By Cath Kennedy
Western Christianity is taught using stories of forced marriage. Religious materials for children have a lifelong effect, orienting cultural ideas of belonging, virtue and family life. So what children learn about the Bible is important.
In Godly Play, the issue is especially clear, making it a good case study. But the problem is not unique to Godly Play. Recently, additional Godly Play stories which do not rely on early, reproductive marriage as the basis for a godly life have been written, such as the new Godly Play story of Harriet Tubman. However, these are still subordinate to the main Godly Play curriculum.
The question is: if forced marriage is not a value in our churches, what more should we do to address its portrayal as a romantic or godly destiny?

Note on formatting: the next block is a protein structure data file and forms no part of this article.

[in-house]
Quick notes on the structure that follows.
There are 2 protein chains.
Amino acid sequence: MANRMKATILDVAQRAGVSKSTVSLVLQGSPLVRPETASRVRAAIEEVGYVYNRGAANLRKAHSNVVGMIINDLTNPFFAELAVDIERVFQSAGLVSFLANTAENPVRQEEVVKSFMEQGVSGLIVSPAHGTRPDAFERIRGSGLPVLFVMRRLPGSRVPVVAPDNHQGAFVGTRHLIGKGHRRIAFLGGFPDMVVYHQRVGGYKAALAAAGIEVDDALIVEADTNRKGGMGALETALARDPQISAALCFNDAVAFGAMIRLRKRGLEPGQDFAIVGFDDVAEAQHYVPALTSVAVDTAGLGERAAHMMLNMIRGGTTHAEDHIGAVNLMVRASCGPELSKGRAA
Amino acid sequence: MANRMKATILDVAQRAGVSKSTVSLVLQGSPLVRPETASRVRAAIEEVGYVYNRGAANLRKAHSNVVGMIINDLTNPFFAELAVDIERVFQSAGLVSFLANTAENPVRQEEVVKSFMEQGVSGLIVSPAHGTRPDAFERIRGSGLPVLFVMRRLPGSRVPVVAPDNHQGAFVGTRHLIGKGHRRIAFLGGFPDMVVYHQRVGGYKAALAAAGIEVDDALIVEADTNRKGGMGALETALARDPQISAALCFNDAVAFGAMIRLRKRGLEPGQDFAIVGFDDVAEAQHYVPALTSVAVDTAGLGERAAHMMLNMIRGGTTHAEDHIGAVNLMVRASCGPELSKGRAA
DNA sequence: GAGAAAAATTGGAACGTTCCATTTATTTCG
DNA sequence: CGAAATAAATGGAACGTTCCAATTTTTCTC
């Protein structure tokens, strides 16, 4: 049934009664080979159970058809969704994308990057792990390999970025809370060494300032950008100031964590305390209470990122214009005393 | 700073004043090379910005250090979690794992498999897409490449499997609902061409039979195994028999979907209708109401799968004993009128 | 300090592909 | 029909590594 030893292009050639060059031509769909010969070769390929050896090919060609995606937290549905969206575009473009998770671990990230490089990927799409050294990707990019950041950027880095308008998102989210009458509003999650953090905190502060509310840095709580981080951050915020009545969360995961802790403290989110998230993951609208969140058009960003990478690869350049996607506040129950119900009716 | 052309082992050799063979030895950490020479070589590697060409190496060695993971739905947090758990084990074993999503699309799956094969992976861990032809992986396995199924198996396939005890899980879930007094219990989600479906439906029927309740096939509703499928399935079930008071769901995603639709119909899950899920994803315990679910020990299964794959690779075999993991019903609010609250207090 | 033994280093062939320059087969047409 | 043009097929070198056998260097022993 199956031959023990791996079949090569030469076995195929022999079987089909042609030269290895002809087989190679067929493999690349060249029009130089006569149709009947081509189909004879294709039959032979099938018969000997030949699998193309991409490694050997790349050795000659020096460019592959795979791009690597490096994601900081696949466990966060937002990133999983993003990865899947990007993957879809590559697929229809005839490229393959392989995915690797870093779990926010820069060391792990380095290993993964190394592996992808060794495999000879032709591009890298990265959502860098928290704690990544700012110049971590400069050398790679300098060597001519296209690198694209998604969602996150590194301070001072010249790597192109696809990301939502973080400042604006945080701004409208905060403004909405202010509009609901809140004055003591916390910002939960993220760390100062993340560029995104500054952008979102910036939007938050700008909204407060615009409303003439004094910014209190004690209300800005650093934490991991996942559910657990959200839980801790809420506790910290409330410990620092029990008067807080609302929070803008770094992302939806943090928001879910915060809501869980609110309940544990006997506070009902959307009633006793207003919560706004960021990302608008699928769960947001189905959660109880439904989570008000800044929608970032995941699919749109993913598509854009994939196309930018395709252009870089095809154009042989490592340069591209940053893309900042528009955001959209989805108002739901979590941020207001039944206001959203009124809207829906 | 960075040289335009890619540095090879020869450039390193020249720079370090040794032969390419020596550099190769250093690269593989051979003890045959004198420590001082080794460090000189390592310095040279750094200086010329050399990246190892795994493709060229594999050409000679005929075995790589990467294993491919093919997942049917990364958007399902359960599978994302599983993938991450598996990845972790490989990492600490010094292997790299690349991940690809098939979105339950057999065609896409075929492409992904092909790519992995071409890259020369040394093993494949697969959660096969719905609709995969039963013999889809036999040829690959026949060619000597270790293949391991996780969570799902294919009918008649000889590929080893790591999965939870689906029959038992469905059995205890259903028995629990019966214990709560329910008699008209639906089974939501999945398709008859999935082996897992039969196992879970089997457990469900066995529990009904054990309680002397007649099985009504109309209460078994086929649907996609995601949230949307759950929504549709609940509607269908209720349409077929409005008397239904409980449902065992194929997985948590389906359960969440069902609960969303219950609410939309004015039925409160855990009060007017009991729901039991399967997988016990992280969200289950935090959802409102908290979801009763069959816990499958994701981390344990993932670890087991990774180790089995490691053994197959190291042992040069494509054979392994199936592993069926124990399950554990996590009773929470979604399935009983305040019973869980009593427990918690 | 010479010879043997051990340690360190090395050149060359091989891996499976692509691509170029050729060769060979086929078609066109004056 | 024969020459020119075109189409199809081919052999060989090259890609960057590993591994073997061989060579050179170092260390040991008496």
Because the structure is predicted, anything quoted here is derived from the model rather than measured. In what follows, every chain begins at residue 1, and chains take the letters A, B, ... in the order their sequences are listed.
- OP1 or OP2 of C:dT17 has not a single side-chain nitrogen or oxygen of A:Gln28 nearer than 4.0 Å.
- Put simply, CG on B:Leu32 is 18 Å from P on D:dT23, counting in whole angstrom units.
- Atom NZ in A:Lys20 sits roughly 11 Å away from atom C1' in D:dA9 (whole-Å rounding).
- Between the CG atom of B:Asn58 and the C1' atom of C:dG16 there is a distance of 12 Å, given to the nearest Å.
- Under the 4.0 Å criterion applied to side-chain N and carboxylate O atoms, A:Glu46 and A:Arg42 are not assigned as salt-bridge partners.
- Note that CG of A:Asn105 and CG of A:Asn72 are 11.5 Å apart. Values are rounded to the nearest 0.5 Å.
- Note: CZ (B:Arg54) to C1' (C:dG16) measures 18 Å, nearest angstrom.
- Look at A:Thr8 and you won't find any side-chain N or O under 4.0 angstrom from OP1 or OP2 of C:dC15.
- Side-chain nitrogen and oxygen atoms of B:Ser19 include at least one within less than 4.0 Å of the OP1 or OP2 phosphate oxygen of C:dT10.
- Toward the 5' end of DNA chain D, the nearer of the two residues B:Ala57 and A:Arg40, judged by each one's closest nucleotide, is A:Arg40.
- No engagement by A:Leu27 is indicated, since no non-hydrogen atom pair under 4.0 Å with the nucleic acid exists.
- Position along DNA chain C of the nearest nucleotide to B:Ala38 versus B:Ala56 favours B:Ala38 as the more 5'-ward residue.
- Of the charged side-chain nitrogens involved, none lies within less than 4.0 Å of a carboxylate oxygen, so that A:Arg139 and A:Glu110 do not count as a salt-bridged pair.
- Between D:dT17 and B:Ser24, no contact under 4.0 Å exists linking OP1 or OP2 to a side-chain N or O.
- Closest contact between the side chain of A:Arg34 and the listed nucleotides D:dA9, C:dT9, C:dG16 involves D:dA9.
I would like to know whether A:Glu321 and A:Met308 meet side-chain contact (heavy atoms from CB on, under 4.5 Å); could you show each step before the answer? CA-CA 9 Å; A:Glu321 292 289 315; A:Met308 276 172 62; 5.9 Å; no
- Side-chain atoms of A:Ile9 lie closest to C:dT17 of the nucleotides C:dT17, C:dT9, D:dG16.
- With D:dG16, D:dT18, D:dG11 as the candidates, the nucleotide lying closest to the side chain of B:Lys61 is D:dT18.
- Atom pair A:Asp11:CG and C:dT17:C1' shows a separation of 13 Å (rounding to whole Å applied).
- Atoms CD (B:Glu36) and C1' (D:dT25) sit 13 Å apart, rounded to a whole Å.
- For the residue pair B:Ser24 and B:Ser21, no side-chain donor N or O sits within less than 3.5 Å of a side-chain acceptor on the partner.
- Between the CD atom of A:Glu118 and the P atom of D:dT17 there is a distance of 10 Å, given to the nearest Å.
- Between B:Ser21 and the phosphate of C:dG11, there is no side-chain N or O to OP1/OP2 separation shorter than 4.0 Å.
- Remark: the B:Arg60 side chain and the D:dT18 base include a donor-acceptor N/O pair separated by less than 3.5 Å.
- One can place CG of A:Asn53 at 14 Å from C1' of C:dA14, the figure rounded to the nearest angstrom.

I am attending the European Godly Play Conference in Mechelen, Belgium this week. The image above is the poster I am presenting to prompt discussion around the ways forced marriage is naturalised in the Bible stories we tell children. If you are interested in this issue or the research behind the poster, the full article can be downloaded via the link at the bottom of the page. This is a pre-print copy of a chapter which will feature in a forthcoming edited volume from Sheffield Phoenix Press.
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